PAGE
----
At least 37 deaths were confirmed from Friday's storms, CNN reported. Eighteen people were killed in Kentucky, 14 in Indiana, three in Ohio and one each in Alabama and Georgia.
A tornado watch remained in effect early Saturday in the Florida Panhandle, and damage was reported from possible tornadoes in Georgia and North Carolina.
Maj. Chuck Adams, a spokesman for the sheriff's office in Clark County in Indiana, said the destruction in towns such as Henryville, Marysville, Chelsea and Paynesville made an estimate of the missing impossible.
"Marysville is almost completely gone," he told WHAS-TV in Louisville, Ky.
President Obama spoke Saturday with the governors of Indiana, Kentucky and Ohio to assure them federal aid is available.
Obama expressed his condolences to the families of those who were killed and acknowledged it will take some time to make a full assessment of the damage.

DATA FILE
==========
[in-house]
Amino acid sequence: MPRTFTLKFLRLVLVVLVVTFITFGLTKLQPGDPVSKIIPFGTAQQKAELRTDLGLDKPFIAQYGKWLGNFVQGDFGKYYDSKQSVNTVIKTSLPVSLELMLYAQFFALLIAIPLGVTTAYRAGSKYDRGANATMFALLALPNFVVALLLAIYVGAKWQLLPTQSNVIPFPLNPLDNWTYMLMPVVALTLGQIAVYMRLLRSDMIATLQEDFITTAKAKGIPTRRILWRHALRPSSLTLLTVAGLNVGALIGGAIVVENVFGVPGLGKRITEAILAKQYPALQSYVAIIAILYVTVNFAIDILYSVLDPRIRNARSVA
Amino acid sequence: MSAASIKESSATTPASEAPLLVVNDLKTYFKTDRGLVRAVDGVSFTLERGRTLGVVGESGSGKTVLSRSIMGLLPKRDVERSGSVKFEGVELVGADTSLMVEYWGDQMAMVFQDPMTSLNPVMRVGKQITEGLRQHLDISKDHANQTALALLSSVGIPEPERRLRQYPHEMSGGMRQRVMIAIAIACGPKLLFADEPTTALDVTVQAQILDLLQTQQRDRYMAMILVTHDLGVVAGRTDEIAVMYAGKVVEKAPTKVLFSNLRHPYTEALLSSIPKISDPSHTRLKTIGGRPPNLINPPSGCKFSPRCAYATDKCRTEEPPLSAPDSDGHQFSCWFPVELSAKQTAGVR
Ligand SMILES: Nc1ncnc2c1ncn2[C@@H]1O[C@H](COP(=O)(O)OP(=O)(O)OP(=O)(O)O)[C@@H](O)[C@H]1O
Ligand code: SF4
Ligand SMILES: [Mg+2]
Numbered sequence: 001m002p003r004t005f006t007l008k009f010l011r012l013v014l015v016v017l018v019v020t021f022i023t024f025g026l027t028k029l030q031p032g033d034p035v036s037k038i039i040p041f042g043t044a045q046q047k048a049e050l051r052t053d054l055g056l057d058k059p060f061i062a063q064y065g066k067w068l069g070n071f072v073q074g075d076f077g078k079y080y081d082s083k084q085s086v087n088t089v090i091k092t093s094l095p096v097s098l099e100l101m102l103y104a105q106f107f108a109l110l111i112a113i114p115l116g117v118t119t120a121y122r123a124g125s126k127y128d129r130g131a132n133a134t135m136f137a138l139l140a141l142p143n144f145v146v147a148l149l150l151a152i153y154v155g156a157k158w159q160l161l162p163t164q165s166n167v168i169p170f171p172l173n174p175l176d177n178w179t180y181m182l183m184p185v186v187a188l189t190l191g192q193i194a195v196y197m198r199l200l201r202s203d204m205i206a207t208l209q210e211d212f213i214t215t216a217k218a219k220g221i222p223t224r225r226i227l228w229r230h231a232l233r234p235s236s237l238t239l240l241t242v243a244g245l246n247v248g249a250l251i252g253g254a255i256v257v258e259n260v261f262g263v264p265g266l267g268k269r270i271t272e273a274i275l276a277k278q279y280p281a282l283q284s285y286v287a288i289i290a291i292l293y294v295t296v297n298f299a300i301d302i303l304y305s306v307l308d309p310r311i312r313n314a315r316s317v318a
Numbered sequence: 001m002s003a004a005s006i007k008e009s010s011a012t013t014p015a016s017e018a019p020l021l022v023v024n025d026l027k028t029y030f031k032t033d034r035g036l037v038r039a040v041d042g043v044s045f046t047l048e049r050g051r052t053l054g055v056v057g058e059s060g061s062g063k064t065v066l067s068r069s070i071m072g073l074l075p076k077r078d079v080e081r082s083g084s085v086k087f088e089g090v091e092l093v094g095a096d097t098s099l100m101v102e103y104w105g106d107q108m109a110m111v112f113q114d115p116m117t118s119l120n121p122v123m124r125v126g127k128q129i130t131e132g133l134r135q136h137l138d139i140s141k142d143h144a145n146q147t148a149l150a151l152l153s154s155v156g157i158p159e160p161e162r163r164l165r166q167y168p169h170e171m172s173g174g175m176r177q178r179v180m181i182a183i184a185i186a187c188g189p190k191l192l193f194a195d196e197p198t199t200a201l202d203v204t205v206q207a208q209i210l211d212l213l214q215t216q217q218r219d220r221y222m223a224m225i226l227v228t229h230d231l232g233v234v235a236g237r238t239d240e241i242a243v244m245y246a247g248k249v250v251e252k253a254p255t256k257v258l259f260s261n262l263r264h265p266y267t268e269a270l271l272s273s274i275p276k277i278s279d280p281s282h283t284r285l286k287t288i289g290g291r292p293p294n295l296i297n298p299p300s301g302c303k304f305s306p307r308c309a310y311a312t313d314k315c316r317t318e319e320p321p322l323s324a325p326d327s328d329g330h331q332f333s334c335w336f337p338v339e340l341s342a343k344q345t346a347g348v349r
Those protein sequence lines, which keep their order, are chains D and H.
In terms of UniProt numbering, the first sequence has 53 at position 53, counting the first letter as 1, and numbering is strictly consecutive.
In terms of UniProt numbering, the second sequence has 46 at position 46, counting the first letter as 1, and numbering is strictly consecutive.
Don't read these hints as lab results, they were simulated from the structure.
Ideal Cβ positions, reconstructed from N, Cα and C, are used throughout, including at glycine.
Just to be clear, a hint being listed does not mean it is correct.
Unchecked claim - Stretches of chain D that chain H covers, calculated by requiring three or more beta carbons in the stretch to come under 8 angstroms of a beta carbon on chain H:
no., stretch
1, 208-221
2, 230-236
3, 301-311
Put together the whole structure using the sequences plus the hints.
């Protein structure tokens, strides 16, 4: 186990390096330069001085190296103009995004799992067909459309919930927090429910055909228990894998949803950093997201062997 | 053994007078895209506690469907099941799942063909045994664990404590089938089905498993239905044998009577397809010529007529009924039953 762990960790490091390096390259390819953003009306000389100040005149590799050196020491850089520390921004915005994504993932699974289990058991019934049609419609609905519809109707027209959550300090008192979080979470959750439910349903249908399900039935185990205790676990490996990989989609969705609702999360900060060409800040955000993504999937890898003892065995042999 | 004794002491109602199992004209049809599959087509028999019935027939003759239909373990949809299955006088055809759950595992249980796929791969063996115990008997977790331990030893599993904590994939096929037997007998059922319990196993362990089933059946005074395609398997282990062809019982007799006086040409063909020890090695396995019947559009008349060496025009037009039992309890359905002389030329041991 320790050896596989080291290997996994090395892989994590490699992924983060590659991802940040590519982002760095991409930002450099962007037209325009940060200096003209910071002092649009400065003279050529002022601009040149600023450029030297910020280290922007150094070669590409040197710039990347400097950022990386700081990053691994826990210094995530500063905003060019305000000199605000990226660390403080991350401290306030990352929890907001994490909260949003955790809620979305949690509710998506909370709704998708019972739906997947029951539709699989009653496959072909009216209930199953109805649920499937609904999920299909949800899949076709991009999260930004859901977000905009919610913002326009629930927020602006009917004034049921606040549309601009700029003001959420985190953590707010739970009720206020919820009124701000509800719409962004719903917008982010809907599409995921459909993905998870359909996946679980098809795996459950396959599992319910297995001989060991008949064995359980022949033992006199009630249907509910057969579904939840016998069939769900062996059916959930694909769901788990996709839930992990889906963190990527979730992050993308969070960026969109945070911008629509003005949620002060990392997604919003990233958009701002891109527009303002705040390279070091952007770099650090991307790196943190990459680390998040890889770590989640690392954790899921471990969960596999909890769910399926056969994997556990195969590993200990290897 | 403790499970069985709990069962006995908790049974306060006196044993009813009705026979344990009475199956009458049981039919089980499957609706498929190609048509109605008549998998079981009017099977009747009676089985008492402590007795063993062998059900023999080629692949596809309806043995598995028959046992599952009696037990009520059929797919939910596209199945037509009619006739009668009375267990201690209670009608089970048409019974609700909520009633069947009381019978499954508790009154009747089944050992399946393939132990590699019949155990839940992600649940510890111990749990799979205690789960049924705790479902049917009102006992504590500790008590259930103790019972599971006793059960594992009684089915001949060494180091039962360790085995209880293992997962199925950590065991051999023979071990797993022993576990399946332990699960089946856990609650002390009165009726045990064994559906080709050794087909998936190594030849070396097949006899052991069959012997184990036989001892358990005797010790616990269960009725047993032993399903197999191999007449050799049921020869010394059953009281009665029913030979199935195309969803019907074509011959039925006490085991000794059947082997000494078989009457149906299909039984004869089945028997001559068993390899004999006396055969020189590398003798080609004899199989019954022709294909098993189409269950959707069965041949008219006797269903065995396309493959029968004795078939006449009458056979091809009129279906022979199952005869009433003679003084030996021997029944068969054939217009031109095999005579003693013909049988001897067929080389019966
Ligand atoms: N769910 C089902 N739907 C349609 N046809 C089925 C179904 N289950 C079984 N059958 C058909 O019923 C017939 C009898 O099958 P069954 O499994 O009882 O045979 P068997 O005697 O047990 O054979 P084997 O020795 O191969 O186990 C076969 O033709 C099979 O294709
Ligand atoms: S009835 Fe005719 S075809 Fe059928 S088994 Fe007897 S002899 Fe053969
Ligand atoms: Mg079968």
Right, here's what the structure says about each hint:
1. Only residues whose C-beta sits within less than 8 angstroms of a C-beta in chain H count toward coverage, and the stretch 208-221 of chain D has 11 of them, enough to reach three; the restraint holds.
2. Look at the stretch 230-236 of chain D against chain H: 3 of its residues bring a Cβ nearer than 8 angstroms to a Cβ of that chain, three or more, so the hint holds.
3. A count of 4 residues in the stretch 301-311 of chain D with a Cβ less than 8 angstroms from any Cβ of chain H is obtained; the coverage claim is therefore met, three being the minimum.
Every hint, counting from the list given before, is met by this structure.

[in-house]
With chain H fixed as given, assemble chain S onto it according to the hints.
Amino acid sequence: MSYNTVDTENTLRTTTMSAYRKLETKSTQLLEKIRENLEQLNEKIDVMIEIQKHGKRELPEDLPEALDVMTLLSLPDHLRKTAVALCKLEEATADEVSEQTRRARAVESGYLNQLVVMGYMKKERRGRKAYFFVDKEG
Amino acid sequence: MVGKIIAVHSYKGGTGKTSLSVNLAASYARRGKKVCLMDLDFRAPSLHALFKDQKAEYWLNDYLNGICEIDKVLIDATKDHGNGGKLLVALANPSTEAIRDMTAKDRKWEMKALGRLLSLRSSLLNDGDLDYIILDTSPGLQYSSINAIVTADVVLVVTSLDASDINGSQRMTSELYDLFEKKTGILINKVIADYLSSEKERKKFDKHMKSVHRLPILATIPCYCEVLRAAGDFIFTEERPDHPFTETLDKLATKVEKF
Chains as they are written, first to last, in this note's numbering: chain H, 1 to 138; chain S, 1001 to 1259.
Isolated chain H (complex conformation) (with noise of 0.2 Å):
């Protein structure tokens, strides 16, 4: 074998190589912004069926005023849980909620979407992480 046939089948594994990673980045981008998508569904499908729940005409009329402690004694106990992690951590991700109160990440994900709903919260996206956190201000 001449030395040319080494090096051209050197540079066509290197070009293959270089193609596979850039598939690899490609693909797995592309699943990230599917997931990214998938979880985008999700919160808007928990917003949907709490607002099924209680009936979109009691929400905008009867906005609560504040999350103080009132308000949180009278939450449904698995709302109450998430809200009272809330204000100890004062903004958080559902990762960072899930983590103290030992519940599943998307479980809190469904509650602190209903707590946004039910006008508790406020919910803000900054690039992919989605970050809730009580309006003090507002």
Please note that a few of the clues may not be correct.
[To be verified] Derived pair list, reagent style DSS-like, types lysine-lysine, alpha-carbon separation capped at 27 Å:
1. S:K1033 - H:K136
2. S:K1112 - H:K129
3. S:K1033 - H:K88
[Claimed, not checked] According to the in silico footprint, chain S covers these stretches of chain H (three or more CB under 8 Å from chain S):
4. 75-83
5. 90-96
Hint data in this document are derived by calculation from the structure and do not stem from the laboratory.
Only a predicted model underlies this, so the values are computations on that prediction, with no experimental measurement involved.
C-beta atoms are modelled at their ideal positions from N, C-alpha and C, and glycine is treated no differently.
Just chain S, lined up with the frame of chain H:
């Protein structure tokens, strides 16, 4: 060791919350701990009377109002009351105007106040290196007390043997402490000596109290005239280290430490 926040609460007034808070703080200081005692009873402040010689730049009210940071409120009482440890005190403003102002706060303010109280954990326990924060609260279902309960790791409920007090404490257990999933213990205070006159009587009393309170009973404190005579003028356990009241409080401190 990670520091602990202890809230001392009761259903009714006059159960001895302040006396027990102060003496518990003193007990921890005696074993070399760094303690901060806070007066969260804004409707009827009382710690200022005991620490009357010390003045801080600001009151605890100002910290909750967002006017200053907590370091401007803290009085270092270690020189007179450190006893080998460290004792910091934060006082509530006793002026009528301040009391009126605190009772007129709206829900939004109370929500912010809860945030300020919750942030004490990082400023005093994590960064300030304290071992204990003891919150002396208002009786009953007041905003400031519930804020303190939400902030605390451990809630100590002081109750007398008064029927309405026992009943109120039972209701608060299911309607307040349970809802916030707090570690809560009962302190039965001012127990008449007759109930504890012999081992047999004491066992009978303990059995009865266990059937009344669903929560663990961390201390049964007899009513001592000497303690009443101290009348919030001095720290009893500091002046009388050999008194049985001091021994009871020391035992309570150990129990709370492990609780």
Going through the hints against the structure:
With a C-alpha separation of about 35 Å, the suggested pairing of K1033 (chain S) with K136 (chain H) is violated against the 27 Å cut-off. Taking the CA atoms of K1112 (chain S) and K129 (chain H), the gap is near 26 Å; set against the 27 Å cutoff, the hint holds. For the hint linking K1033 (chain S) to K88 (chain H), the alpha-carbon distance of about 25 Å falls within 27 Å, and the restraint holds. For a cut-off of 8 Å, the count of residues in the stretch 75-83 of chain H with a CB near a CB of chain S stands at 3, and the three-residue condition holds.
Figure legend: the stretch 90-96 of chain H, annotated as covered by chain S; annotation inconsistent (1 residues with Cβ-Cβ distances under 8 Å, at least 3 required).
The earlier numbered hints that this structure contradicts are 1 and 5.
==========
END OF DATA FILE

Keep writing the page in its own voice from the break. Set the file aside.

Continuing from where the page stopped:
"The administration, through [the Federal Emergency Management Agency], is closely monitoring the storms and their impacts and remains in close contact with emergency officials in impacted states across the country to ensure there are not any unmet needs," the statement said.
Indiana Gov. Mitch Daniels visited Henryville, The Indianapolis Star reported.
"It does appear that people did have warning," Daniels told reporters, saying some high school students survived because of tornado drills. "But sometimes all things that mere mortals can do aren't enough."
Steve Kloepfer of Chelsea told WHAS he decided to drive south to get out of the path of an approaching tornado after watching it on TV. He returned to find his aunt, uncle and their young grandchild were dead, their bodies carried by the storm from their home to a field, and his own house was in ruins.
There were also stories of survival. A 2-year-old girl was found alive in a field in Salem, 20 miles from Henryville, and was reported to be in critical condition in Kosair Children's Hospital in Louisville.
In Kentucky, Gov. Steve Beshear declared a state of emergency Friday.